Certain ritual encounters have now become standard operating procedure for a new pope. In each of these meetings, Pope Francis has done something surprising, in his low-key, gentle way.
In a Mass celebrated in the Sistine Chapel with the College of Cardinals on the day after his election, the Holy Father raised cautions about clerical ambition—a yellow warning flag that reflected the concerns he had expressed during the papal interregnum about “spiritual worldliness” corrupting the Church, and an unmistakable call to a more energetically evangelical exercise of the priesthood and the episcopate.
In a meeting a few days later with thousands of journalists, the pope reminded his rapt audience that the Church cannot be understood, or reported on, as if it were simply another political agency; the Church has to be understood from the inside out, as “the holy People of God making its way to encounter Jesus Christ,” without whom “Peter and the Church would not exist or have reason to exist.” And then came a subtle but unmistakable challenge: Journalism, Francis insisted, “demands a particular concern for what is true, good and beautiful.” It can’t be all buzz all the time, and if journalism vulgarizes itself and becomes buzz only, it loses its soul.
And then came the meeting with the representatives of power, the ambassadors accredited to the Holy See. Here, the Holy Father took the opportunity to explain, once again, his choice of papal name, while using that exercise to make two important points.
Stressing the Church’s care for, and work with, the poor throughout the world, the pope reminded his audience in the Vatican’s Sala Regia that Francis of Assisi knew that there were various forms of poverty. There was the Franciscan work, which belongs to all Christians, to serve “the sick, orphans, the homeless and all the marginalized”; that work is a gospel imperative that also helps “to make society more humane and more just.”
And then there was a different form of poverty: the “spiritual poverty of our time”; that poverty is most evident in wealthier societies and manifests itself in what Benedict XVI often called the “dictatorship of relativism”—the worship of the false god of me, myself, and I, imposed by state power, often in the name of a misguided and coercive concept of tolerance.
This second form of poverty had to be challenged by a second Franciscan imperative, the responsibility “to build peace.” Yet, as the pope immediately continued: “There is no true peace without the truth! There cannot be true peace if everyone is his own criterion, if everyone can always claim exclusively his own rights, without at the same time caring for the good of others, of everyone, on the basis of the nature that unites every human being on this earth.”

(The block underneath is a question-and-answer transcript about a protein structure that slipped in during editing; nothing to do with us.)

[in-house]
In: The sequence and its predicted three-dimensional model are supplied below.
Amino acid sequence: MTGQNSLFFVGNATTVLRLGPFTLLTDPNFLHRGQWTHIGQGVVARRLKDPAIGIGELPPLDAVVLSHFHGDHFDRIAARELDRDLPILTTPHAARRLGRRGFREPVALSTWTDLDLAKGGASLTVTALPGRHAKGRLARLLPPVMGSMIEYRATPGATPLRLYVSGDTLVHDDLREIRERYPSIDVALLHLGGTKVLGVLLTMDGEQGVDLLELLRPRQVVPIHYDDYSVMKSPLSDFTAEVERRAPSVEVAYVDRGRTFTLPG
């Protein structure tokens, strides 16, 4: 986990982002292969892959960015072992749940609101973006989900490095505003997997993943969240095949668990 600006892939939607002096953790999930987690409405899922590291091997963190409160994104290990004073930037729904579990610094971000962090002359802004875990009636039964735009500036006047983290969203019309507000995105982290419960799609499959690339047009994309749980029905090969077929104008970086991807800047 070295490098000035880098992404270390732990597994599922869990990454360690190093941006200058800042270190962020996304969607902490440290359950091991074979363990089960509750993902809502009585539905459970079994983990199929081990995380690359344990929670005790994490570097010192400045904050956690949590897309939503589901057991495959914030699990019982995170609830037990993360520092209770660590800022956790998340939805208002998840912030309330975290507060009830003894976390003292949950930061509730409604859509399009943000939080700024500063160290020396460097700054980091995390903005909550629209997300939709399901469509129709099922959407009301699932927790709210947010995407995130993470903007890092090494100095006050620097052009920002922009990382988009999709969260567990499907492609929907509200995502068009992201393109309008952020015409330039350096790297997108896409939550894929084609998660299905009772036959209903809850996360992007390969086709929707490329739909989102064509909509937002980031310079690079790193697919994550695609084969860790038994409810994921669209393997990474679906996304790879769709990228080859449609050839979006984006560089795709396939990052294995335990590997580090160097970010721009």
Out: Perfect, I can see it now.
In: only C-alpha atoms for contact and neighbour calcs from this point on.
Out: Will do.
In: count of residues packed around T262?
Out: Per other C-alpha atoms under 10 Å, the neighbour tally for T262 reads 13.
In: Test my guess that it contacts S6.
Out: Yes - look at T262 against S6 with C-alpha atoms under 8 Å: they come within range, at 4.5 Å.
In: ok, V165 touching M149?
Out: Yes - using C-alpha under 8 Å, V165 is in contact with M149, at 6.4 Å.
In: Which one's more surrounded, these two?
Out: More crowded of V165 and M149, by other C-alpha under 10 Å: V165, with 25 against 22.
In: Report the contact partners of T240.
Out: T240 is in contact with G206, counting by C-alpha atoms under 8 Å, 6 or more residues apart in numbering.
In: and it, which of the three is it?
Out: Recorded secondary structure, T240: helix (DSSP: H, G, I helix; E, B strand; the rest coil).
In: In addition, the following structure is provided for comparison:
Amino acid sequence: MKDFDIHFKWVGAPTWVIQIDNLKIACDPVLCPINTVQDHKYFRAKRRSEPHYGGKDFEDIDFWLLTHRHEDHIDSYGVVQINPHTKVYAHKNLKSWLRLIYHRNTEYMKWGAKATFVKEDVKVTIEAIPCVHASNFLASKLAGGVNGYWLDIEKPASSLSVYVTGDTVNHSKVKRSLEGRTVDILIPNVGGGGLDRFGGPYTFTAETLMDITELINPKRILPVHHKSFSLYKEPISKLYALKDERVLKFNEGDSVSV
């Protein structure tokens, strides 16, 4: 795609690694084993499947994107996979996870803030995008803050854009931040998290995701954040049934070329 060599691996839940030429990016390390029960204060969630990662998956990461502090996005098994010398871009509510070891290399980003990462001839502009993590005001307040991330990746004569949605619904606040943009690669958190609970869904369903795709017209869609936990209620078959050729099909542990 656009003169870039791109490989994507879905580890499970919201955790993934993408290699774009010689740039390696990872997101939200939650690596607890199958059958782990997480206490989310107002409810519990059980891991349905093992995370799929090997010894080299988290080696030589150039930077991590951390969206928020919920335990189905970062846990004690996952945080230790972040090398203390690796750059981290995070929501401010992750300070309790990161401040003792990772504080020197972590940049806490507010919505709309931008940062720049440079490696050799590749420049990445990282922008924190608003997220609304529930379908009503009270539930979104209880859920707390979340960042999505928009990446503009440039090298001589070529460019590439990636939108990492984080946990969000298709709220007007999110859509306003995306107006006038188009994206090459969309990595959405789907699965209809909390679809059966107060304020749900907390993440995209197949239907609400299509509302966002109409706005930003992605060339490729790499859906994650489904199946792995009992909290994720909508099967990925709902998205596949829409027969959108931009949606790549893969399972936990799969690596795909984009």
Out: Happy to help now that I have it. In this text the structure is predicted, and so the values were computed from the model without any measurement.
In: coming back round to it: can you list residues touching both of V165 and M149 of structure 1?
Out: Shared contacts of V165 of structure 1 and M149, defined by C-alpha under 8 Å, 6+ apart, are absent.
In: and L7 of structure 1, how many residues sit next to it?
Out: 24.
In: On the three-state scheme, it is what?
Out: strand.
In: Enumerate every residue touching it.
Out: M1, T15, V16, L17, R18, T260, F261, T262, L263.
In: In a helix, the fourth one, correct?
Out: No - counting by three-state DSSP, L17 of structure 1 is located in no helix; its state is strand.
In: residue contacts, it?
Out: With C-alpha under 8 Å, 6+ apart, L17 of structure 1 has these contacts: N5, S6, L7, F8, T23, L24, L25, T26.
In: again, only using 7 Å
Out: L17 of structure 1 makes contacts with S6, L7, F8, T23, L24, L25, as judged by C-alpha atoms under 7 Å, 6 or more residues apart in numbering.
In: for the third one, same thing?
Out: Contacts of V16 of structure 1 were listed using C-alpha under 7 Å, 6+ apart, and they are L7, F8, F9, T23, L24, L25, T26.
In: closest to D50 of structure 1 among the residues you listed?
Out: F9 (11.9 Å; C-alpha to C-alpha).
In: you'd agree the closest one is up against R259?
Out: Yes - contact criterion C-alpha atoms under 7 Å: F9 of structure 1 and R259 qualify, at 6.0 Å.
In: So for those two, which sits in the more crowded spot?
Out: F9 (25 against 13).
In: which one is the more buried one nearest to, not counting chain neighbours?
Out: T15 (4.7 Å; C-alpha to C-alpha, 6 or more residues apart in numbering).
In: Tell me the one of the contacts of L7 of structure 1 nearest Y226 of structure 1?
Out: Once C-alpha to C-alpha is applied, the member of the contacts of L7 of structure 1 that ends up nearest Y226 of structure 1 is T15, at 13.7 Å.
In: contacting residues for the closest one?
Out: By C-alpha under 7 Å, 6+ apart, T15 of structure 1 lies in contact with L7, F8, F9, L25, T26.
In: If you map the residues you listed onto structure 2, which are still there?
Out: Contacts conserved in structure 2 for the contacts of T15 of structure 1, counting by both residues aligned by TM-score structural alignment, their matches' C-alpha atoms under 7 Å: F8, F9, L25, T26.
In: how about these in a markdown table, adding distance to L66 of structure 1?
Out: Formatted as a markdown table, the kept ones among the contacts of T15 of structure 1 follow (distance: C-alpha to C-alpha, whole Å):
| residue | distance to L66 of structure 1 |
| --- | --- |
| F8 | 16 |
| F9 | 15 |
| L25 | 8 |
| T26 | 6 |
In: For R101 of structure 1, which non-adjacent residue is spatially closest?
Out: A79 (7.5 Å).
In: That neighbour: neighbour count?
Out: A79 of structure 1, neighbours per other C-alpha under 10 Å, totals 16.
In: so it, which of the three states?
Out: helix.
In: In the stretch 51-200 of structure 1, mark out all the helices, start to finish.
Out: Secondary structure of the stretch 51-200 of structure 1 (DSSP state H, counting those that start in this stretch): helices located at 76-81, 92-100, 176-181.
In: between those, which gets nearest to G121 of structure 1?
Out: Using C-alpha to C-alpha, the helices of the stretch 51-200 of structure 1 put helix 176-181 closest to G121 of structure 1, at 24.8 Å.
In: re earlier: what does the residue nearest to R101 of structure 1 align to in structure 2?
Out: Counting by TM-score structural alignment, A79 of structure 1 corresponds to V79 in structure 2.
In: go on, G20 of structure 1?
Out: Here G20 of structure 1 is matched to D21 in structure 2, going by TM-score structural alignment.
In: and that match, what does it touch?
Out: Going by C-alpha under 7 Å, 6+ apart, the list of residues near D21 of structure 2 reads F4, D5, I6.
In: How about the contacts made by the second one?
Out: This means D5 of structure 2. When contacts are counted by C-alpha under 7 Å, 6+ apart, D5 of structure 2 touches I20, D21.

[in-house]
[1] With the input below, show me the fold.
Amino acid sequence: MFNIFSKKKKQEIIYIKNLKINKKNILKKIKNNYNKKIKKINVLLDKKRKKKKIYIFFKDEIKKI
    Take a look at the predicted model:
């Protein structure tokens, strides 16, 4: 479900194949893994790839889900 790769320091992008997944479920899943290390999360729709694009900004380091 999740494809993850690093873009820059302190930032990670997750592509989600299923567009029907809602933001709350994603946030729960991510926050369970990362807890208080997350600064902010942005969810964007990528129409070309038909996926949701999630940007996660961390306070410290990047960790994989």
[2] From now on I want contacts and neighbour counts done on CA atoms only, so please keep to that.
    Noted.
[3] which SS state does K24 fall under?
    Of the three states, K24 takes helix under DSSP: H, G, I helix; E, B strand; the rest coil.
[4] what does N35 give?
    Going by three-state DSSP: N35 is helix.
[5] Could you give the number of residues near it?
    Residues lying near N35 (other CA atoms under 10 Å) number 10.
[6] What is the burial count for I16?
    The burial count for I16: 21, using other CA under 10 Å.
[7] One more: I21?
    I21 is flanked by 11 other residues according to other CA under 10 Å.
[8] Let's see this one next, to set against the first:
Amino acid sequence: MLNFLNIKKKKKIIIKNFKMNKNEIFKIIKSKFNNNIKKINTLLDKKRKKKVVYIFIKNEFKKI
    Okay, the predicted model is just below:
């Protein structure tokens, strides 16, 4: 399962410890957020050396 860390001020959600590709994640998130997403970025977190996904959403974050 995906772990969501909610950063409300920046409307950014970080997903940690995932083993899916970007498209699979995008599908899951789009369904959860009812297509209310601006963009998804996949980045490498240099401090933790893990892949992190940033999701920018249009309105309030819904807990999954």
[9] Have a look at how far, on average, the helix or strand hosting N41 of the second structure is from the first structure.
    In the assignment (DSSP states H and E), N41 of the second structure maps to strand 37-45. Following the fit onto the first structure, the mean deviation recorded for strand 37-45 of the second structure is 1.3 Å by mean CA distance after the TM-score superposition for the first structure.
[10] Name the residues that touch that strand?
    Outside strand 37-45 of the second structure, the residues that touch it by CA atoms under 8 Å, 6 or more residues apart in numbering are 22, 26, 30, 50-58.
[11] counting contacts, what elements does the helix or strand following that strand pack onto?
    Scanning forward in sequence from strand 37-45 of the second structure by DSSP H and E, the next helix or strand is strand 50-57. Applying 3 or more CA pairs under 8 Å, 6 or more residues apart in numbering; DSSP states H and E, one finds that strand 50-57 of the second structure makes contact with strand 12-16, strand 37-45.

The last phrase—“the nature that unites every human being on this earth”—was the money quote here. For that is precisely what so much of the spiritually impoverished world of radical secularism and lifestyle libertinism now denies: that there is any “human nature” which public policy and law must respect. That’s what those who continue to support “abortion rights” deny. That’s what those who insist that “marriage” can mean any configuration of consenting adults deny. That’s what those who regard children as an optional lifestyle accessory deny. And that’s what those who insist that maleness and femaleness are “cultural constructs,” not givens that disclose deep truths about the human condition, deny.
Those denials, Pope Francis suggested, lead to a spiritual impoverishment that can be as devastating as material poverty. And those denials can lead to conflicts within societies that shatter peace just as much as conflicts between societies.
Pope Francis is no “Brother Sun, Sister Moon” romantic. As an experienced pastor and a man of keen intelligence, he knows that reality-contact is as important for societies as it is for personal mental health. He’ll make the case in a different way than Benedict XVI. But you can count on this pontificate to challenge the dictatorship of relativism in the name of authentic humanism.
George Weigel, distinguished senior fellow of Washington’s Ethics and Public Policy Center, is the author, most recently, of Evangelical Catholicism: Deep Reform in the 21st-Century Church. His previous “On the Square” articles can be found here.